The campaign for justice on surgical mesh will go on
Despite initial resistance, the pressure brought to bear by campaigners on surgical mesh has led to good results. But every achievement we have marked has brought to light other goals to fight for, writes Emma Hardy
Mesh surgery is a medical procedure used to treat incontinence and prolapse in women, frequently used for new mothers. The surgery, which usually takes less than half an hour, involves inserting a plastic mesh into the vagina to support the bladder, womb or bowel. It was sold to many women as a quick and easy fix to their problems.
Some estimates predict that between 10 and 20 per cent of people are injured by the procedure. Here are some other shocking statistics about the operation:
- 4 in 5 women injured by surgical mesh suffer life changing pain.
- 1 in 3 women injured by surgical mesh have had to give up work.
- Only 3 in 20 women who received treatment with surgical mesh were warned of the risks.
I led a Westminster Hall debate last October to raise the issue with the government. In that debate, we asked the government to do four things, these were:
- Commit to a full retrospective and mandatory audit of all interventions using mesh followed by a full public enquiry.
- Suspend prolapse and incontinence mesh operations while the audit is being carried out.
- Bring forward the NICE guidelines for mesh in stress related urinary incontinence from 2019 to 2018.
- Commit to raising awareness of the issue with doctors and patients alike.
Despite initial resistance from the government, the pressure that the Surgical Mesh APPG has put on has led to some really good results. In December, NICE issued new guidance ruling that evidence for the long-term efficacy of the treatment for Pelvic Organ Prolapse is “inadequate in quality and quantity”. While the NHS is not compelled to act on these guidelines, it will amount to a de facto ban. Then in January, the Government caved in to demands for a national audit on surgical mesh and in February came the announcement of the Cumberlege review into how the NHS addressed concerns about vaginal mesh devices.
Yet every achievement we have marked has brought to light other goals to fight for. Mesh has not yet been completely suspended and it remains possible for doctors to use it, especially in the case of Stress Urinary Incontinence. The audit ordered by Jeremy Hunt looks only at NHS hospital figures and misses off private patients and outpatients. There is also still no physiotherapy available as standard for new mothers, like there is in France, to stop these problems before they even arise.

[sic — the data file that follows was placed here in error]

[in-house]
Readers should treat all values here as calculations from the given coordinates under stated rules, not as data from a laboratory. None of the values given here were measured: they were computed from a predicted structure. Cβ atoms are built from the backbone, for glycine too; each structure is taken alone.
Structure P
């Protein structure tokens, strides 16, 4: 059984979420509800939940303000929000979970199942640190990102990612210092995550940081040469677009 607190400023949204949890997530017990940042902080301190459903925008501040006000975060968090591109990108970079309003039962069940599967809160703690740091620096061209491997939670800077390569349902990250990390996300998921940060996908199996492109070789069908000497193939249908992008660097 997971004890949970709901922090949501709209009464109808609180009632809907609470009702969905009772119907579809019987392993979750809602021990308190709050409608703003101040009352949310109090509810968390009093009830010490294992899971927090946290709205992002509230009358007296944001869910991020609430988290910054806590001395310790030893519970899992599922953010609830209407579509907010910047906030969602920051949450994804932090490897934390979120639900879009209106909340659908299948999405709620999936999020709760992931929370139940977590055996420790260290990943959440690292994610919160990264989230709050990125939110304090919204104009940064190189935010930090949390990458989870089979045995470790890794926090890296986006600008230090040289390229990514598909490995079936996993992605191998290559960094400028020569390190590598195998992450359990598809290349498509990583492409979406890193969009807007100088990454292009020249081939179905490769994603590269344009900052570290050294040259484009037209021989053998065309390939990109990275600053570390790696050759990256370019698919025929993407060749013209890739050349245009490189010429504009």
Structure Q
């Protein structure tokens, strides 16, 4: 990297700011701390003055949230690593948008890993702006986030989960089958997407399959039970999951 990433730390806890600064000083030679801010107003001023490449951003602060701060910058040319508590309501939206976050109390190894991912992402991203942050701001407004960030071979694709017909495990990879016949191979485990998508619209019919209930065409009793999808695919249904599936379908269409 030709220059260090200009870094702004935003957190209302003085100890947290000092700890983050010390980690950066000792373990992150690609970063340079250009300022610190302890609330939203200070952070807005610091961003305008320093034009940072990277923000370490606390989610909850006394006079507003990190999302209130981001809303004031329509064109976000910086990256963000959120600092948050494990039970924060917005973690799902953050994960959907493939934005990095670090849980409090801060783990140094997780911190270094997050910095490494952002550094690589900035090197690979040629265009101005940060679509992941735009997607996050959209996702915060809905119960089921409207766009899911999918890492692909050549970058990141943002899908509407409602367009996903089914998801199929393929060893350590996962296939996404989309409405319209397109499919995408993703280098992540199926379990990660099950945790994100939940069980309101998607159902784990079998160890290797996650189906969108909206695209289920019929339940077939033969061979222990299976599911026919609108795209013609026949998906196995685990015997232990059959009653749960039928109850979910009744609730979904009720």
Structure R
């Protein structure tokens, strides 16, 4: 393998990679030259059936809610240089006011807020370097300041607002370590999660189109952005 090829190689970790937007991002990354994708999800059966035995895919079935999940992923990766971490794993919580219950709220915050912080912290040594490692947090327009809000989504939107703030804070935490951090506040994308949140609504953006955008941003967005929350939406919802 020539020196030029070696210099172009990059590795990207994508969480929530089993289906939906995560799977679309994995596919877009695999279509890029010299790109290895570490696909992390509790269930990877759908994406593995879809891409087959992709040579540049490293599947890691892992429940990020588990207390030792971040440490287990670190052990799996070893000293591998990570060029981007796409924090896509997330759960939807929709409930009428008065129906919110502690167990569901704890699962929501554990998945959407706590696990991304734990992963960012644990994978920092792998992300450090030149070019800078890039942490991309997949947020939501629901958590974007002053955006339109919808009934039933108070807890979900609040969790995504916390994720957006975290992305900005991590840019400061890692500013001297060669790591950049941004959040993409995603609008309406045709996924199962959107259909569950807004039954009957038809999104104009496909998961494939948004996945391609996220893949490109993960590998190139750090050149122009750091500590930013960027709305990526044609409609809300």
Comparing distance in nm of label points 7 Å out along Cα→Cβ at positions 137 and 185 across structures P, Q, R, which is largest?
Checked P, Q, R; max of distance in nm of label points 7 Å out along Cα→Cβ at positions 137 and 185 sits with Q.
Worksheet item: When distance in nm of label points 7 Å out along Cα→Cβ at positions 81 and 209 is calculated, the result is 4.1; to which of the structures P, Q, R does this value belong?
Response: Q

And even if we were to suspend mesh, investigate every patient – public and private – and offer physio to all new mothers, we would still have the absolute scandal that these devices were aggressively marketed to doctors and then used in patients for whom they were unsuited. To stop this, we must have a Sunshine Payment Act, as there is in America, which lists all industry funding, sponsorship or grants received by GPs and surgeons to stop such aggressive marketing not just with mesh, but with all medical products in future.
And so, it seems our campaign continues. But when it seems difficult, I read the stories of those women who have suffered from their mesh inflicted injuries and remember, in particular, the woman who first brought it to my attention. She was advised to have the mesh fitted in her 30s after suffering incontinence following the birth of twins. The impact it has had on her quality of life is devastating. I remember listening to her telling me about this life changing experience and being completely shocked and horrified. It is for this woman, and others like her, that I will rise to speak this Thursday.
Emma Hardy is Labour MP for Kingston upon Hull West and Hessle. Her backbench business debate on surgical mesh is on Thursday 19 April
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